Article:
Clemson

Environmental Engineering and Science

Information

Degrees Offered

Introduction

Environmental engineering and science is concerned with the characterization and control of environmental pollution. Emphasis is placed on applying the fundamental principles of the basic engineering sciences through research and design to the solution of environmental problems in natural and engineered systems. Students may specialize in one of five focus areas: (i) Process Engineering, (ii) Environmental Chemistry, (iii) Subsurface and Surface Processes, (iv) Sustainable Systems & Environmental Asssesment, and (v) Nuclear Environmental Engineering and Science.

The PhD program provides students with a comprehensive background in the fundamental aspects of environmental engineering and/or earth sciences. The major field of study is generally interdisciplinary in nature, consisting of coursework in several areas of engineering and the basic sciences. Each student’s curriculum and research program is tailored to suit his/her personal and professional goals.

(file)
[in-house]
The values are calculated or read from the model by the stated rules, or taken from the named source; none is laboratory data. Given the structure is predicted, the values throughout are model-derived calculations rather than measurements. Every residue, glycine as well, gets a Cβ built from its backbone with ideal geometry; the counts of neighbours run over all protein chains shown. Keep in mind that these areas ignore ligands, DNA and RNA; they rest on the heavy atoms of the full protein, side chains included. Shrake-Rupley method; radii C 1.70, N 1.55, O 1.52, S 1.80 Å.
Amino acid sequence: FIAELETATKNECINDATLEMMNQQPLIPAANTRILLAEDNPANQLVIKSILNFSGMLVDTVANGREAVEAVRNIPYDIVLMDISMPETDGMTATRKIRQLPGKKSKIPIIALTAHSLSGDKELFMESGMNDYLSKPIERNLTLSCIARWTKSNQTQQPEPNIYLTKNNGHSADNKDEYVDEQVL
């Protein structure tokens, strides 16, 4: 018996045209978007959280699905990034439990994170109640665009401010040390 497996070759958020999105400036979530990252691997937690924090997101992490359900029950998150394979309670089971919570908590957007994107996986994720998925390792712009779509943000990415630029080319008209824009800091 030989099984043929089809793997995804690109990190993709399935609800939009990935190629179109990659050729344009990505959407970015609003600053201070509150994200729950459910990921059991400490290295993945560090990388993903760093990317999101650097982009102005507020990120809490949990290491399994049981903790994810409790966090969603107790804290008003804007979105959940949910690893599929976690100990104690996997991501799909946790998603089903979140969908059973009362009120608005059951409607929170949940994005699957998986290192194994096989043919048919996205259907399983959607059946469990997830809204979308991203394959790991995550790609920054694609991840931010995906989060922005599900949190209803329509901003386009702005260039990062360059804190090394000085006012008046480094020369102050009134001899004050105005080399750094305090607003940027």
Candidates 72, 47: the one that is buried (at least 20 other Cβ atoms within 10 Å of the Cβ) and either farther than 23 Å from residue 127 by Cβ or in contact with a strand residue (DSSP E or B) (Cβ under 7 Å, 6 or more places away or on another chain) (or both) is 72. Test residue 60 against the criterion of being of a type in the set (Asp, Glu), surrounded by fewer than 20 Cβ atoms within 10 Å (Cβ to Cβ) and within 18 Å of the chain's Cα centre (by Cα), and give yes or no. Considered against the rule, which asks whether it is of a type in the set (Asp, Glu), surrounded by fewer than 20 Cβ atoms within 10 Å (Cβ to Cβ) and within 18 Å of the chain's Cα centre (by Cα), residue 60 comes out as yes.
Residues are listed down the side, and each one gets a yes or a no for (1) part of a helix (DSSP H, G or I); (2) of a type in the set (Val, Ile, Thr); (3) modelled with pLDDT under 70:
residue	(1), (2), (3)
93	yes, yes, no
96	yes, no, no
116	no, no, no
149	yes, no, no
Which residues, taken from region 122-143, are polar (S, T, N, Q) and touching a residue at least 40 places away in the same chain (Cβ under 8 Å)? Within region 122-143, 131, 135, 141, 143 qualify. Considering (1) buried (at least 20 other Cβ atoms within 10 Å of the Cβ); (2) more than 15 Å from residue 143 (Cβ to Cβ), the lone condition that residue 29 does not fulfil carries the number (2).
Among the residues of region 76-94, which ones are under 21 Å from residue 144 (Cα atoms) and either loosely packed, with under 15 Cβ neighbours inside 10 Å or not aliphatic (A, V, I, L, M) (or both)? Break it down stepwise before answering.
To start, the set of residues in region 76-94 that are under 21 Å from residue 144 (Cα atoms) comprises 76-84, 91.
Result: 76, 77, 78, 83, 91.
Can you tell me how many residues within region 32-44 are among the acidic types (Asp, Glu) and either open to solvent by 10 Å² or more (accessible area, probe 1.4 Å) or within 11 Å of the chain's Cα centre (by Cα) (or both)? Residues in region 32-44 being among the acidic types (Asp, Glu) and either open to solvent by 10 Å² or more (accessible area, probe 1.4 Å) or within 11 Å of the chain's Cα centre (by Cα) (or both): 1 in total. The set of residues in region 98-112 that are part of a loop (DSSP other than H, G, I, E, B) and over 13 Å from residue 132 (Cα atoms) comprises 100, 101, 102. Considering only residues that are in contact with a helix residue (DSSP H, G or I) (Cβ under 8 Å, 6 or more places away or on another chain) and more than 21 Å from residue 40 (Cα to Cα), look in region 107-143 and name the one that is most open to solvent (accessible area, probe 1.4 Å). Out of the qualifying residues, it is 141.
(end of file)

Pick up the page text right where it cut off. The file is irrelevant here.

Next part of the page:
This program will consider applicants for conditional letters of admission (CLA’s) pending successful completion of an approved English as a Second Language (ESL) program. More information can be found on the Conditional Language Admission page.

Handbook

More information can be found in this graduate handbook.

About

Program of Study

MS: Course work for the Master of Science (MS) degree program in environmental engineering and science (EES) can be completed in three semesters (about sixteen months). An oral defense is required for the thesis (MS) . A non-thesis MS option can be completed in one calendar year by taking courses during both regular semesters and in the summer. Three courses required of all master’s students cover fundamental physical, chemical, and biological principles of natural and engineered environmental systems. . Remaining course work to meet career-specialization goals is not restricted to EES courses. Students may pursue a specialty in process engineering, subsurface and surface processes, environmental chemistry, sustainable systems, and hazardous and radioactive waste management (including risk assessment, environmental health physics, or radiochemistry).